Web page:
With a picture of Boyzone's Ronan Keating in pride of place on her office wall, Lisa Bond pronounces herself more at home in her second week as vice-president of communications for Universal Music International than she felt after 14 months as head of media relations for the Retail Financial Services division of Barclays.
'I was approached by a headhunter in the summer and, although I was not actively looking for a change, I had come to the decision that the financial services were not really for me.'
Having spent four years with the cut and thrust of Camelot, including the months before the launch of the National Lottery and the company's fat cats saga, she felt frustrated that she could not use her PR expertise on the two big news icebergs which smashed into Barclays recently - ATM charges and branch closures.
'Like the other big four banks, Barclays is a huge organisation with 60,000 people, so it is very bureaucratic and getting quick decisions is a real problem. One of the things I found a bit frustrating was that this was one of the best-known brands in Britain, possibly in Europe, and a consumer-focused brand needs to focus on more than just the financial media,' she says.
The bankers ignored advice from PR colleagues to start putting their case early to consumer affairs writers. They were then shocked to find the branch closure story on the news and opinion pages rather than their natural environment, the finance pages.
Despite its own share of controversies, Bond says Camelot had and has a lot more savvy. She is almost misty-eyed as she speaks of the 'passionate, committed' team who introduced the lottery and saw it swiftly grow into 'the most successful lottery in the world'.
Bond has looked on approvingly as the company has mounted an aggressive PR and legal fightback against its exclusion from negotiations for the next lottery licence. She believes that on top of its recent High Court victory, the company has also won the PR war: 'They are fighting for their lives and they are not the sort to give up easily.'
Bond was working for the Rowland Company, which had Camelot's account, ahead of the launch, handling media relations. Soon after its launch in late 1994, Camelot decided to take the function in-house and Bond was asked to head the new team. 'We were right in the thick of the media action which is exactly what I wanted,' she says.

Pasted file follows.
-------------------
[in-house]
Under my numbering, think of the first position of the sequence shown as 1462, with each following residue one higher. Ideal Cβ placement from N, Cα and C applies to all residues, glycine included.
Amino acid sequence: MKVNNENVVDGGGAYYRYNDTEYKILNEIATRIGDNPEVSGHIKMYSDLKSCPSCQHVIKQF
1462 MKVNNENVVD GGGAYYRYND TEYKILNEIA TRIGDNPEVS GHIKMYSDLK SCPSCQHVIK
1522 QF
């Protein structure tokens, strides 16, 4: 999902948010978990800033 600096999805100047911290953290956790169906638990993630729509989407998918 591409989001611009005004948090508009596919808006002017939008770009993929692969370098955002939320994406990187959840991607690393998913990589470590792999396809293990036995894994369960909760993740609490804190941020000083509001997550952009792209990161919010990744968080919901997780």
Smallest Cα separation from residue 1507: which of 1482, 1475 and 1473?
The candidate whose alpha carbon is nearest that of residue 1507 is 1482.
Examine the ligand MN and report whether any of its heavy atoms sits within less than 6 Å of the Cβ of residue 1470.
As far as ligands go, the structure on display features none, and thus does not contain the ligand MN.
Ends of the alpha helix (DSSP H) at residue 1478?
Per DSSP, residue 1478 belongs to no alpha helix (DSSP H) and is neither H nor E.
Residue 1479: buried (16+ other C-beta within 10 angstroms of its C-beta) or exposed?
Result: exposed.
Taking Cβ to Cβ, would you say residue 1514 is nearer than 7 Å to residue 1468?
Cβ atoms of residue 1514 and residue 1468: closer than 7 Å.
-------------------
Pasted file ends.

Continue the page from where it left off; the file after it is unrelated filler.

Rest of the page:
John Kinsey, who was Camelot marketing director at the time, says she was an enormous asset for the company: 'She's bright, charming and she gets things done. She's also quite creative.'
Situated just a guitar's throw from Prince Charles' home at St James's Palace, Universal's British and European HQ seems a long way from her media-hounded former employers. Nowadays any controversy or media scandals Bond is involved with are more likely to involve American rapper Eminem than British institutions.
'The labels tend to do their own thing in terms of promoting the artists, but Universal as the parent company needs a lot more synergy in terms of what it does and what the American company does. My role is to make sure that their (the labels') PR is consistent with Universal's.'
Although many of the company's record labels (for example, Polygram, Polydor and MCA) are instantly recognisable to music fans, Universal's status as the world's biggest music company does not, so far, have a PR profile to match. Although she says the company needs some 'direction' on dealing with the sort of controversy generated by Eminem, Bond will not be seeking to centralise the record labels' PR activities.
'I will be looking at ways of protecting the good name of Universal but I am not actively looking to get involved in each case - if it wants to bring me in on one then fine.'
Priorities will include developing an internal communications strategy (the company has staff in 40 European countries) and exploiting the news potential of the company's increasing use of the internet and e-commerce.
The latter is something of a sensitive subject in the industry at present with high-profile court cases against firms which have been offering fans the chance to download music straight from the internet. Bond points out that the cases have been brought by the industry rather than individual firms, but is quick to emphasise that such organisations are ripping off the artist as well as the record companies.
'We are about music for the masses, we are not against the technology, but they did not consult with the artists or the record companies.'
With another media storm brewing, it looks like Bond's crisis management experience at Barclays and Camelot could come in very handy.
1994 Senior press officer, The Rowland Company
1995 Head of PR Camelot
1999 Head of media relations Barclays retail financial services
2000 VP communications Universal Music International.